Myth and Incarnation officially comes out on 31 October, but the paperback is already available for order. You can have it in your hands before the release date, if a traditional book is your thing. As we lead up to the book’s release, I reflect on my experiences living in Japan over the past year, and how aspects of Japanese life and culture (and geek culture) has influenced my work on this book.
Living in Japan
Every time I travel to a new land or simply go to a historical museum, I find new inspirations for additional details and layers in Ahmbren. Living in Japan has been no different. There are three things specifically that influenced Ahmbren and Myth and Incarnation (M&I):
Kaiju: Japan is the land of the kaiju story, which literally translates to “strange creature”. Kaiju often refers to large monsters attacking Japanese cities, or battling it out with each other. The most famous, perhaps, is Godzilla. The recent movie Pacific Rim continues the trend. When I set out to write M&I, I was keenly aware of how little ‘screen time’ actual dragons got in When Dragons Die. The most we see are young hatchlings, or visions of the Archdragons. By that time, the great dragons had already died. I knew for this book I wanted to show an adult dragon, and not just the Archdragons. Fiolthalnas was born, and he lived under the sea with his selkie worshippers. I started to think what he must have looked like, and how he would have interacted with the world, and I thought to myself, “He was big. I mean, like Japan kaiju big. Godzilla big, but even bigger!” There are times in the book where he’s called a “leviathan dragon”, and from the book’s cover art as he swims beneath the pirate ship, the Siren’s Call, you can get an idea of his immensity. He could swallow ships whole, and melt cities with his dragon fire.
Hiroshima: Last November, I visited the Peace Museum in Hiroshima, which chronicled the lead-up and aftermath of the atomic bomb. In all my travels, this was the most impactful tour I’d ever had. We spent over four hours in the museum reading every declassified document and every display. We walked to ground zero, and saw the model which showed the fireball to scale that hung in the sky that day. One of the things that really struck home, in addition to the sheer devastation, was the strategic effect it had on influencing the decisions of the sovereign emperor to surrender. The devastation was so great it was unbelievable, and it took a second bomb to make it “real”. I thought to myself that before this event, no world leader could grasp the impact of what an atomic bomb meant. It was a game changer. It was simply inconceivable to anyone who hadn’t witnessed it. Even today, in our post Cold-War era, I don’t think we truly appreciate the implications. We’ve become desensitized to it, and don’t truly grasp the implications of its destructive power. It’s mind-boggling.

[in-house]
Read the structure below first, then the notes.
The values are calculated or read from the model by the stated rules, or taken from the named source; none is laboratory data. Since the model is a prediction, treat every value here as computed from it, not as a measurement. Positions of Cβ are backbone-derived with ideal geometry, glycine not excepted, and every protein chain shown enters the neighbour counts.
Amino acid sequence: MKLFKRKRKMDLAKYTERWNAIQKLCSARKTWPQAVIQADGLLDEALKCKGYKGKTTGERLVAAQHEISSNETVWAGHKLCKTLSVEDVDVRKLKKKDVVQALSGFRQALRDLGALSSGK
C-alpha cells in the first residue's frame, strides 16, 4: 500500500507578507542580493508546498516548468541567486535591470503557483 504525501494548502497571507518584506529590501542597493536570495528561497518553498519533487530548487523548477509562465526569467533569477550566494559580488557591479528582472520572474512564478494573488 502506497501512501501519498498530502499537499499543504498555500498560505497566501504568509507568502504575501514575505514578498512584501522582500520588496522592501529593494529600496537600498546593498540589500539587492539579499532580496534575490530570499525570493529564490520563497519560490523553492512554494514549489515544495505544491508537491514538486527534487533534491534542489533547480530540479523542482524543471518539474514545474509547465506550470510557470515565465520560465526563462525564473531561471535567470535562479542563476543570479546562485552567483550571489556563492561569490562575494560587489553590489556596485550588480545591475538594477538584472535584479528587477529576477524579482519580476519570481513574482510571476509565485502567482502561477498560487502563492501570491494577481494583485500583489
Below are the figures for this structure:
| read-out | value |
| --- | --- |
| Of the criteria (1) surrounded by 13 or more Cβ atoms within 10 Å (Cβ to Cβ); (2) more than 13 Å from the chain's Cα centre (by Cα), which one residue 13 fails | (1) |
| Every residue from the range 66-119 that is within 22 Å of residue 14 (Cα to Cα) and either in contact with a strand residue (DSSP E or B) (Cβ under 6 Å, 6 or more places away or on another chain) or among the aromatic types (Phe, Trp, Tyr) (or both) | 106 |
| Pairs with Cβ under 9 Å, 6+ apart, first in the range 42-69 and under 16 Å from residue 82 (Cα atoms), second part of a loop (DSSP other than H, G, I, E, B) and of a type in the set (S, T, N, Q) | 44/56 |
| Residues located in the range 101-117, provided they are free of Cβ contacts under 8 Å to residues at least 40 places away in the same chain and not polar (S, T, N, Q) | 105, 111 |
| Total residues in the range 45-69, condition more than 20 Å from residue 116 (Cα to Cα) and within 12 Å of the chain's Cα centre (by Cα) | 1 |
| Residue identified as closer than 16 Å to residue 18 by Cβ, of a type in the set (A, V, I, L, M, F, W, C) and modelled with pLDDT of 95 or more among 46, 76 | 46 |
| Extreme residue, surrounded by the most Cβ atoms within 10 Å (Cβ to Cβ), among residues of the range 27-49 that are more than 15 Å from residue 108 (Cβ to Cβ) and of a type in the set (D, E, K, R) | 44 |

There are two ways the incomprehensibleness of the atomic bomb influenced M&I. The first was Fiolthalnas’ sheer size. There’s a point in the book where the heroes realize that they had no idea what it meant to hunt a dragon. They weren’t prepared for his size and power. Later on, even though they’ve seen him before, they still stand in awe; their minds can’t comprehend how terrible he is to behold, and so their minds forget. “We’re not prepared. We couldn’t plan for this.” The second reflection of this idea is in Artalon itself. If you’ve read When Dragons Die, you know that in the distant past the Gold Dragon destroyed the city of Artalon and sank it beneath the sea. There’s a point in the book where the heroes get to witness a vision of the past and see this event. In describing how the Gold Dragon goes about destroying the city, I took direct inspiration from the eyewitness accounts from Hiroshima. The Gold Dragon gave a warning to the Artalonian king beforehand, but there was no way the king could have comprehended the implications of the warning. What the Gold Dragon did was simply beyond the scope of the king’s imagination, just as what the atomic bomb did was beyond the scope of imagine of our world at the time. It was a completely new paradigm.
Honor: Finally, there’s the idea of Japanese honor, and shame, and being considerate of others’ honor. The Japanese sense of honor seems to me a very personal, almost intimate, thing. This plays a minor role in the M&I book, but I started to think this is how orcs must have been in Ahmbren. I’d originally thought of orcs not as monsters, but more as huns… tribal horse lords. In When Dragons Die, I believed they were a barbarian warrior culture, but we never saw much of them. From living in Japan, I realized there are different kinds of warrior cultures, and I wondered if orcs were less barbaric and more civilized. For the warrior orc, honor was a very personal thing, and they had high degrees of self discipline. This becomes apparent later in the book when the heroes visit a city close to the border of the orc tribal lands. It’s mentioned in passing that whenever there’s any trouble or violence in the city, it’s never from the orc traders who come through. The orcs might be a threat when their tribe decides to expand and take land, but they are never individually rowdy. When traveling in a foreign land they retain their sense of purpose and respect the culture they’re in… unless their honor is challenged, of course.
I hope you all enjoy Myth and Incarnation as much as I enjoyed writing it. Happy October, and keep dreaming big!